Among other things, Evans says he worked with providers to expand access to comprehensive street-level services in the communities that needed them the most. Thanks to his efforts, he says Philadelphia is one of the few cities in the country where a drug addict without insurance can walk off the street today and be in a residential treatment facility tonight. But he admits there is still work to be done to make sure everyone, regardless of race or ethnicity, has the same chances of success once they get there.

“Are there still disparities in Philadelphia? The answer is yes. But we have worked very hard to reduce them and have been very intentional in addressing them,” he said.

Variable encounters produce variable results

What a person can expect to experience when they enter drug treatment in the U.S. has a lot to do with where they live. Everything from the talent of the clinicians, to the physical setting, to the admissions protocol itself is highly variable and can range from robustly therapeutic to one step above jail depending upon who's paying the majority of the bills.

For instance, at one inner-city Philadelphia detox center where nearly every patient is paid for by the county, addicts report being required to strip, shower and exchange their clothes for a paper jumpsuit before entering – a demeaning process that's strikingly different from the typical reception at a more patient-centric facility in the suburbs. Even something as basic as the quality of food served can have an impact on the treatment experience and how long a patient is likely to stick around.

According to a study published in the “Journal of Substance Abuse Treatment,” a treatment setting that is comfortable, convenient and safe with reasonable privacy is “vital if clients are to be retained in treatment and if treatment goals are to be met.”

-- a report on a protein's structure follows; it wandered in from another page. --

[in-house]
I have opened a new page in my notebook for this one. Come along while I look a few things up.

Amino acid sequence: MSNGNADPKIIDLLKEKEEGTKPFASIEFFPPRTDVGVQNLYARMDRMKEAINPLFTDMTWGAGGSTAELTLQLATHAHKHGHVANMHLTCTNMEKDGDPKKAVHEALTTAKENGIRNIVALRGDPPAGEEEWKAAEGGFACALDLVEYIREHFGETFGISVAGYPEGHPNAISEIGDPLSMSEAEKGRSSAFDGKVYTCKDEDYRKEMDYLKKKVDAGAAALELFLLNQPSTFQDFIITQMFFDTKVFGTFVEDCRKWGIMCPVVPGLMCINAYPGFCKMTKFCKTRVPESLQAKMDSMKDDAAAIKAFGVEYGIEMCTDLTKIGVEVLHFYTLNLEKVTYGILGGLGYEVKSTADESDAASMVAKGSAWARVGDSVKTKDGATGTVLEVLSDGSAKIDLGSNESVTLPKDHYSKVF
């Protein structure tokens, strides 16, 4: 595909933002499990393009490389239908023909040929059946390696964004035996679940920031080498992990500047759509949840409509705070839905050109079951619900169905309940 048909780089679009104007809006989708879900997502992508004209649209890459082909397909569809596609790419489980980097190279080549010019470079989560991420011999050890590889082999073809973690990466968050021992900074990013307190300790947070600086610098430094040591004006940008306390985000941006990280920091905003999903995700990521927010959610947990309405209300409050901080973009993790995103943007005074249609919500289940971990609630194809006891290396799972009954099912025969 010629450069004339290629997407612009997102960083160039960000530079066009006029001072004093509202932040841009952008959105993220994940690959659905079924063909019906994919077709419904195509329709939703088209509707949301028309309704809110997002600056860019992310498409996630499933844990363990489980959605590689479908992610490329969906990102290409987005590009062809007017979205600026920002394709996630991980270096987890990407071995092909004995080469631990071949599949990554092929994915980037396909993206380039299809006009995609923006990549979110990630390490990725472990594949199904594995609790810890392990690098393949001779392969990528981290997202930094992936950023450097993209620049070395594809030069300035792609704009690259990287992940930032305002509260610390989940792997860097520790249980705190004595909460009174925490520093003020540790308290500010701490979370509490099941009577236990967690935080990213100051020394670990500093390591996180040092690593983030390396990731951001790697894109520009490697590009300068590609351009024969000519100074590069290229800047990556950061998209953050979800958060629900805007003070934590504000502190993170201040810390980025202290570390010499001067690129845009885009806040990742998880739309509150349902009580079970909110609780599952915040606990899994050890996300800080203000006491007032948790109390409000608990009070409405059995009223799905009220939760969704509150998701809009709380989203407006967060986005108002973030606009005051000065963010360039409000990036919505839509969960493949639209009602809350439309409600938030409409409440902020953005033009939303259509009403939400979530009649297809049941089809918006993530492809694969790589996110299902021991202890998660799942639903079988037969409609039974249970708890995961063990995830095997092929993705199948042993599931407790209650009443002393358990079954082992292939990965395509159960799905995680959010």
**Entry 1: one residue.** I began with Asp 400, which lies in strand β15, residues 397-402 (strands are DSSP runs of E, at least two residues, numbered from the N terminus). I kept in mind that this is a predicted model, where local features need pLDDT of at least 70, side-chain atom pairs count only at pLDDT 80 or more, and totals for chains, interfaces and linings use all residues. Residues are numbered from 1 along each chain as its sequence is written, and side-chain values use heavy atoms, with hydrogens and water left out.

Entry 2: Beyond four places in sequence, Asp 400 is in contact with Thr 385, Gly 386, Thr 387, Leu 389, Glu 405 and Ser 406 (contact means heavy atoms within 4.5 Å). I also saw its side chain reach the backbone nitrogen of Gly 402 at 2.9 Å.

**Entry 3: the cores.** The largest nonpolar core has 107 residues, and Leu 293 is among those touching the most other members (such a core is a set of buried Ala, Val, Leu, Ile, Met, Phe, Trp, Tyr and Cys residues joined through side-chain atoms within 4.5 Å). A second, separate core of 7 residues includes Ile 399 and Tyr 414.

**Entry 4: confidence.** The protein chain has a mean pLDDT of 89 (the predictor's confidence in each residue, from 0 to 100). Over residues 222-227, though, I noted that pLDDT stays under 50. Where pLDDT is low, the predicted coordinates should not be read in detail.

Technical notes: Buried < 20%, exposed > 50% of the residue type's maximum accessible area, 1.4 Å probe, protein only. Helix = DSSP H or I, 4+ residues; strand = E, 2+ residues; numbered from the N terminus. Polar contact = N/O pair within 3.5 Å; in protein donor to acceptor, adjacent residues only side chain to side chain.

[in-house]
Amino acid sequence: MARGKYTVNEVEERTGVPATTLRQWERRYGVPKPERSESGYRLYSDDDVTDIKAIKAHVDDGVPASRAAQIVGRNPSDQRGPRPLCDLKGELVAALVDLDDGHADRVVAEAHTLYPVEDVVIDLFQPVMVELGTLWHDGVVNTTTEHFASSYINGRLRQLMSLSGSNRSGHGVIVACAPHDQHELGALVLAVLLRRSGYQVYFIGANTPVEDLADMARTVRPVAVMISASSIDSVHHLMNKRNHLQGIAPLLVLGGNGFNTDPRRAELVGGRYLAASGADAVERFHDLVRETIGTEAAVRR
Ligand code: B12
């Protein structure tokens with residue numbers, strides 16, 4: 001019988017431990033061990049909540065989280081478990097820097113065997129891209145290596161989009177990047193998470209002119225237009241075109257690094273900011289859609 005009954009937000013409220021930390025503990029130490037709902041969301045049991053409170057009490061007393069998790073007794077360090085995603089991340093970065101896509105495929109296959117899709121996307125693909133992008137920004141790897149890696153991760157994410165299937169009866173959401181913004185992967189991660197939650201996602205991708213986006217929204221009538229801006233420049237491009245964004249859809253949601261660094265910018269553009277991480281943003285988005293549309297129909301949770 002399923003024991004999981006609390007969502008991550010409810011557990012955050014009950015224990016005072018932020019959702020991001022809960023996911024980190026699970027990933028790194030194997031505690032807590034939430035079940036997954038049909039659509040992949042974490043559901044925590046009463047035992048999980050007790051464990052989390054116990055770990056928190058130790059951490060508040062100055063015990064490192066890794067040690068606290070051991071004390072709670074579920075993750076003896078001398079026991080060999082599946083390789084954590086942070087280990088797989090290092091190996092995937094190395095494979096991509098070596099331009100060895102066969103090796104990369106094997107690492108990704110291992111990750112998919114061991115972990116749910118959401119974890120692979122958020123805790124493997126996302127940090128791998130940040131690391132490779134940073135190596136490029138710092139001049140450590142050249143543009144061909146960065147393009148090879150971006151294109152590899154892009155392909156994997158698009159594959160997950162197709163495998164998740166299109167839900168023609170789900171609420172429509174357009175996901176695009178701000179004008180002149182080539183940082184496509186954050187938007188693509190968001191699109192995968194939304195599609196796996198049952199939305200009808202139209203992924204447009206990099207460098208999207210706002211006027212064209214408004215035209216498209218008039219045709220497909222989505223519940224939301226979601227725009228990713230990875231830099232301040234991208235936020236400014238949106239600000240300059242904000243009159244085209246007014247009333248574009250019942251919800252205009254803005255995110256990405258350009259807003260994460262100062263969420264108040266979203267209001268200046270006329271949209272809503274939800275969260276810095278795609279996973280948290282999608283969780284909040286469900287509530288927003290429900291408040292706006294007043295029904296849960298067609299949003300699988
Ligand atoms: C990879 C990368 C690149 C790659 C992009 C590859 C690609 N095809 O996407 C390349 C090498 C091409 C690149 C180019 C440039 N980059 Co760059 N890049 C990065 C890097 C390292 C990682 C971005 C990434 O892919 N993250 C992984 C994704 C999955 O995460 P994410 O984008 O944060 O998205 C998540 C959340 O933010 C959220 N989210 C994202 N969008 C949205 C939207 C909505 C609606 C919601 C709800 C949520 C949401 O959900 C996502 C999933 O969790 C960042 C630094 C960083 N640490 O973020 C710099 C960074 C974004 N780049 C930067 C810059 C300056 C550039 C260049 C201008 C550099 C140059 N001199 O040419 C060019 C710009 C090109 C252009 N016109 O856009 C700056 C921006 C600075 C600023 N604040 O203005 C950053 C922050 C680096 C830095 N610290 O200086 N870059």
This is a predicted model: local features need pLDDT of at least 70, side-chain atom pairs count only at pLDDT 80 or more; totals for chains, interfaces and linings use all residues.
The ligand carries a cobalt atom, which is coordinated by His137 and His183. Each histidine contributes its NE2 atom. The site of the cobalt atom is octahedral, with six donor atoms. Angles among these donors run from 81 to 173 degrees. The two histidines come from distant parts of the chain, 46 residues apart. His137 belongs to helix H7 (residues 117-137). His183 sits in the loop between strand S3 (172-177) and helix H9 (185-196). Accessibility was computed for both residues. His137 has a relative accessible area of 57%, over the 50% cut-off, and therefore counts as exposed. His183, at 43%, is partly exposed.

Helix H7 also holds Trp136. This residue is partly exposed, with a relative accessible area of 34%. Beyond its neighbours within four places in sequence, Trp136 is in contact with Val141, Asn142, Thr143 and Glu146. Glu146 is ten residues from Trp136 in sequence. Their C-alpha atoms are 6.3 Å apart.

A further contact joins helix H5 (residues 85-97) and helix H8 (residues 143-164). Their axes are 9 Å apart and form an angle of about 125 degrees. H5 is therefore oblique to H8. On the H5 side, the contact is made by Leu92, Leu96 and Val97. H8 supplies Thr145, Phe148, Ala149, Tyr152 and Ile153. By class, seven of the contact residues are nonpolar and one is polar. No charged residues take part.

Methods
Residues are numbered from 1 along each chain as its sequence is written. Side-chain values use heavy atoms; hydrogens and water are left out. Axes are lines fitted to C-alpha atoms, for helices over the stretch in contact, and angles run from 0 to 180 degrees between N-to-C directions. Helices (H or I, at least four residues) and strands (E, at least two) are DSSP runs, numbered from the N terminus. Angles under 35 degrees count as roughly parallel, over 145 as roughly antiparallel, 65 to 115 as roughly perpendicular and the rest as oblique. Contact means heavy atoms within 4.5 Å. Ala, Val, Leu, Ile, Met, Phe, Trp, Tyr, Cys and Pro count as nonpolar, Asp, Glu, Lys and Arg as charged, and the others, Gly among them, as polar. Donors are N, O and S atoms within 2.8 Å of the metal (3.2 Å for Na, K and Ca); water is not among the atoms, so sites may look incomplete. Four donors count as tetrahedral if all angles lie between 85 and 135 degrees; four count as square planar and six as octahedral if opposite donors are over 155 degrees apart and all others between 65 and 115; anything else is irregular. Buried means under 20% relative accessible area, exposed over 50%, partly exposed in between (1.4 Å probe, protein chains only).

Devin Reaves, a recovering addict and certified addiction counselor who directs programs for the Brotherly Love House in Philadelphia, says he has seen strikingly different levels of quality in treatment facilities depending on the ratio of patients on public assistance compared to those with private insurance.

“In terms of under-insured or uninsured populations, a lot of time the facilities they are going to are not on par with those primarily funded by private insurance,” he said. “You need structure, accountability, quality programming, peer-to-peer recovery support systems, and if you don't have money, you're less likely to access this kind of treatment.”

Culture matters

The barriers to successful drug and alcohol treatment for minorities closely parallel those commonly encountered throughout the U.S. mental health system. In 2001, Dr. David Satcher – who served as Surgeon General under Presidents Clinton and Bush and made reducing ethnic health-care disparities one of the primary missions of his four-year tenure – released a groundbreaking study that found minorities are less likely to receive mental health services, often receive a poorer quality of mental health care, and are underrepresented in mental health research.

Satcher identified cultural factors as playing a pivotal role in how both patients and therapists respond to behavioral health issues.

Roland Williams – author of the book “Relapse Prevention Counseling for African Americans,” and a consultant who advises treatment facilities on cultural competency – says that by adopting a “one-size-fits-all” model of recovery, treatment programs are often blind to the unique cultural experience of African Americans. Even the sharing-based 12-Step approach – which remains the primary vehicle for addiction recovery in America – was developed, according to Williams, “by and for white, middle-aged men” and lacks sensitivity for the discomfort many Black clients feel about “putting [their] business out on the street.”